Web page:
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The Roundabout hillfort, 460m west of Barter's Hill Farm

A Scheduled Monument in Chadlington, Oxfordshire

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Coordinates

Latitude: 51.8905 / 51°53'25"N

Longitude: -1.5665 / 1°33'59"W

OS Eastings: 429929.877089

OS Northings: 221412.283155

OS Grid: SP299214

Mapcode National: GBR 5S0.DSD

Mapcode Global: VHBZF.SRQ4

Entry Name: The Roundabout hillfort, 460m west of Barter's Hill Farm

Scheduled Date: 26 September 1935

Last Amended: 12 June 1997

Source: Historic England

Source ID: 1015412

English Heritage Legacy ID: 28143

County: Oxfordshire

Civil Parish: Chadlington

Traditional County: Oxfordshire

Lieutenancy Area (Ceremonial County): Oxfordshire

Church of England Parish: Milton-under-Wychwood

Church of England Diocese: Oxford

Details

The monument includes the remains of a roughly circular slight univallate
hillfort known as The Roundabout 460m west of Barter's Hill Farm. It is also
located c.300m north east of a Neolithic long barrow known as Lyneham Barrow,
the subject of a separate scheduling, (SM 21844), and c.650m south west of a
large round barrow known as Barter's Hill barrow, also the subject of a
separate scheduling, (28118). The hillfort has a single rampart which has a
drystone core with a turf cover. This measures c.10m across and stands up to
2.5m above the surrounding ground level to the north and north east and 1.75m
above the interior. There is a single original entrance on the northern side
of the circuit. This measures roughly 16m across and is used for a modern farm
track. The southern rampart line has been lost as a result of past quarrying
which has removed the remains of about a tenth of the monument.
The rampart was originally surrounded by a substantial ditch c.12m wide and,
where excavated, up to 2m deep. This has now been largely infilled to the
north east by cultivation and is overlain to the east by the edge of the road.
To the south it has been lost as a result of quarrying, but to the west it
survives as a visible feature in open woodland.
Part excavation in 1956 provided evidence of the construction of the
rampart and ditch, suggesting that they were built in a single phase as a
drystone revetted rampart and outer U-shaped ditch. It was also observed that
the ditch had been re-cut once it had partly silted and a dumped rubble repair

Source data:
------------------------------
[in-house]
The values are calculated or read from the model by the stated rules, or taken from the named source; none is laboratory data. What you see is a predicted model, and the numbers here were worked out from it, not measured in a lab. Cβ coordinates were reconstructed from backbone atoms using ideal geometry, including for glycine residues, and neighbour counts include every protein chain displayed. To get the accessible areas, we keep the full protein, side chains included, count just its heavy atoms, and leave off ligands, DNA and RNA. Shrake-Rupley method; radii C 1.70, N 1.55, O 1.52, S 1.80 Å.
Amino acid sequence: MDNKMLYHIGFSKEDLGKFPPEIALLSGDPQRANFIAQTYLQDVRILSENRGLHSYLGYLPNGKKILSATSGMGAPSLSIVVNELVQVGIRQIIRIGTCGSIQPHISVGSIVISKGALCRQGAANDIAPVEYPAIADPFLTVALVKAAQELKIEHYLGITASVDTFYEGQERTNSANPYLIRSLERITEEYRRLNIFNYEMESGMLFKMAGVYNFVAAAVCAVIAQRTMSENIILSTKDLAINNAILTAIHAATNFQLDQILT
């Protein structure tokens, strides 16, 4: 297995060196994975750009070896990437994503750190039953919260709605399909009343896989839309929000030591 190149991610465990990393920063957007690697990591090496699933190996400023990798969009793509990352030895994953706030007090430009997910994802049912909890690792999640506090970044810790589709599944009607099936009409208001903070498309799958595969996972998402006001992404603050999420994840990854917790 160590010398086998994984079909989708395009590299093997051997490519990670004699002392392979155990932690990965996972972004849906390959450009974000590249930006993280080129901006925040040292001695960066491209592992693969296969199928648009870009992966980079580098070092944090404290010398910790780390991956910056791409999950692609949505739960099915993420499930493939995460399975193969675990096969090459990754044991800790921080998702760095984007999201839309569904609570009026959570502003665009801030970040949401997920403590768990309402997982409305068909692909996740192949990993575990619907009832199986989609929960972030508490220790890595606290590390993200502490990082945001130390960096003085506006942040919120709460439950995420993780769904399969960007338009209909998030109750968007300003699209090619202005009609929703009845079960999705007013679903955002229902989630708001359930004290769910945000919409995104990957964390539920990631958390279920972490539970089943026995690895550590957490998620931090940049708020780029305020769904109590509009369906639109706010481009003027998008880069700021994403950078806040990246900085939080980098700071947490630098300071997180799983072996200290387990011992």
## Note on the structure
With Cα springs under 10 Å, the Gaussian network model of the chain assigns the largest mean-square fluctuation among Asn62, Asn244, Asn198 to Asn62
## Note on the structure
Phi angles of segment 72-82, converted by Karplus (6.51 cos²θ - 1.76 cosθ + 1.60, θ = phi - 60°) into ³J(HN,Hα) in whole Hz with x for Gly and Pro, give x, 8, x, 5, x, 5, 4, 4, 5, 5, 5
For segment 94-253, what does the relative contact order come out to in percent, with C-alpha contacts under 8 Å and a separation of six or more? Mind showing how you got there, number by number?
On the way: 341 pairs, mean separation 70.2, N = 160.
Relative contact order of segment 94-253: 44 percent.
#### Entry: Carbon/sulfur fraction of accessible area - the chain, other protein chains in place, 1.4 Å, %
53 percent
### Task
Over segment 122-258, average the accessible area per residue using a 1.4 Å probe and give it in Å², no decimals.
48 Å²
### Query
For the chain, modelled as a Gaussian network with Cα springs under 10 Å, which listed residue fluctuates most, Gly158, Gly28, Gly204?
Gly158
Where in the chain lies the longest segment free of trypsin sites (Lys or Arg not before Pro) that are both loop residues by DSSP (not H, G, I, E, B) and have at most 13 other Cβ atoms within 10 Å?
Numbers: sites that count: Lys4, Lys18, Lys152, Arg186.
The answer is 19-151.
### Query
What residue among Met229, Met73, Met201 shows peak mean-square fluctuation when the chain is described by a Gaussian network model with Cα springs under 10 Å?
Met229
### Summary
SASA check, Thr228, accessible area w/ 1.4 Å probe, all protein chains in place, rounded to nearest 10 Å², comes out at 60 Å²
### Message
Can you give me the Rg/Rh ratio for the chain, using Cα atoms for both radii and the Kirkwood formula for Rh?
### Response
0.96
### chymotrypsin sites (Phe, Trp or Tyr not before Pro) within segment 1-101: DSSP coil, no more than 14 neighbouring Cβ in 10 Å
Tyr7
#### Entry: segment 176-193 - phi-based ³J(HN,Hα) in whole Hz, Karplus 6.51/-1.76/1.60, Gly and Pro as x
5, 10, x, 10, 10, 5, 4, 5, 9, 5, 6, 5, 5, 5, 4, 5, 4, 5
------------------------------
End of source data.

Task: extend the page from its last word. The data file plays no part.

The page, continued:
was made to the rampart. The date of this repair is unknown, but many Iron Age
hillforts were reused in the period after Roman rule began to collapse.
Excluded from the scheduling are all fences and the surface of the road
running along the eastern side, although land beneath all of these features is
included.

MAP EXTRACT
The site of the monument is shown on the attached map extract.
It includes a 2 metre boundary around the archaeological features,
considered to be essential for the monument's support and preservation.

Source: Historic England

Reasons for Scheduling

Slight univallate hillforts are defined as enclosures of various shapes,
generally between 1ha and 10ha in size, situated on or close to hilltops and
defined by a single line of earthworks, the scale of which is relatively
small. They date to between the Late Bronze Age and Early Iron Age (eighth -
fifth centuries BC), the majority being used for 150 to 200 years prior to
their abandonment or reconstruction. Slight univallate hillforts have
generally been interpreted as stock enclosures, redistribution centres, places
of refuge and permanent settlements. The earthworks generally include a
rampart, narrow level berm, external ditch and counterscarp bank, while access
to the interior is usually provided by two entrances comprising either simple
gaps in the earthwork or an inturned rampart. Postholes revealed by excavation
indicate the occasional presence of portal gateways while more elaborate
features like overlapping ramparts and outworks are limited to only a few
examples. Internal features included timber or stone round houses; large
storage pits and hearths; scattered postholes, stakeholes and gullies; and
square or rectangular buildings supported by four to six posts, often
represented by postholes, and interpreted as raised granaries. Slight
univallate hillforts are rare with around 150 examples recorded nationally.
Although on a national scale the number is low, in Devon they comprise one of
the major classes of hillfort. In other areas where the distribution is
relatively dense, for example, Wessex, Sussex, the Cotswolds and the
Chilterns, hillforts belonging to a number of different classes occur within
the same region. Examples are also recorded in eastern England, the Welsh
Marches, central and southern England. In view of the rarity of slight
univallate hillforts and their importance in understanding the transition
between Bronze Age and Iron Age communities, all examples which survive
comparatively well and have potential for the recovery of further
archaeological remains are believed to be of national importance.

Despite the southern rampart and ditch line having been partly removed by
quarrying, part excavation has shown that the Roundabout hillfort will contain
archaeological and environmental evidence relating to its construction and the
landscape in which it was built.

Source: Historic England

Sources

Other
PRN 2302, C.A.O., Lyneham Roundabout, (1980)

Source: Historic England

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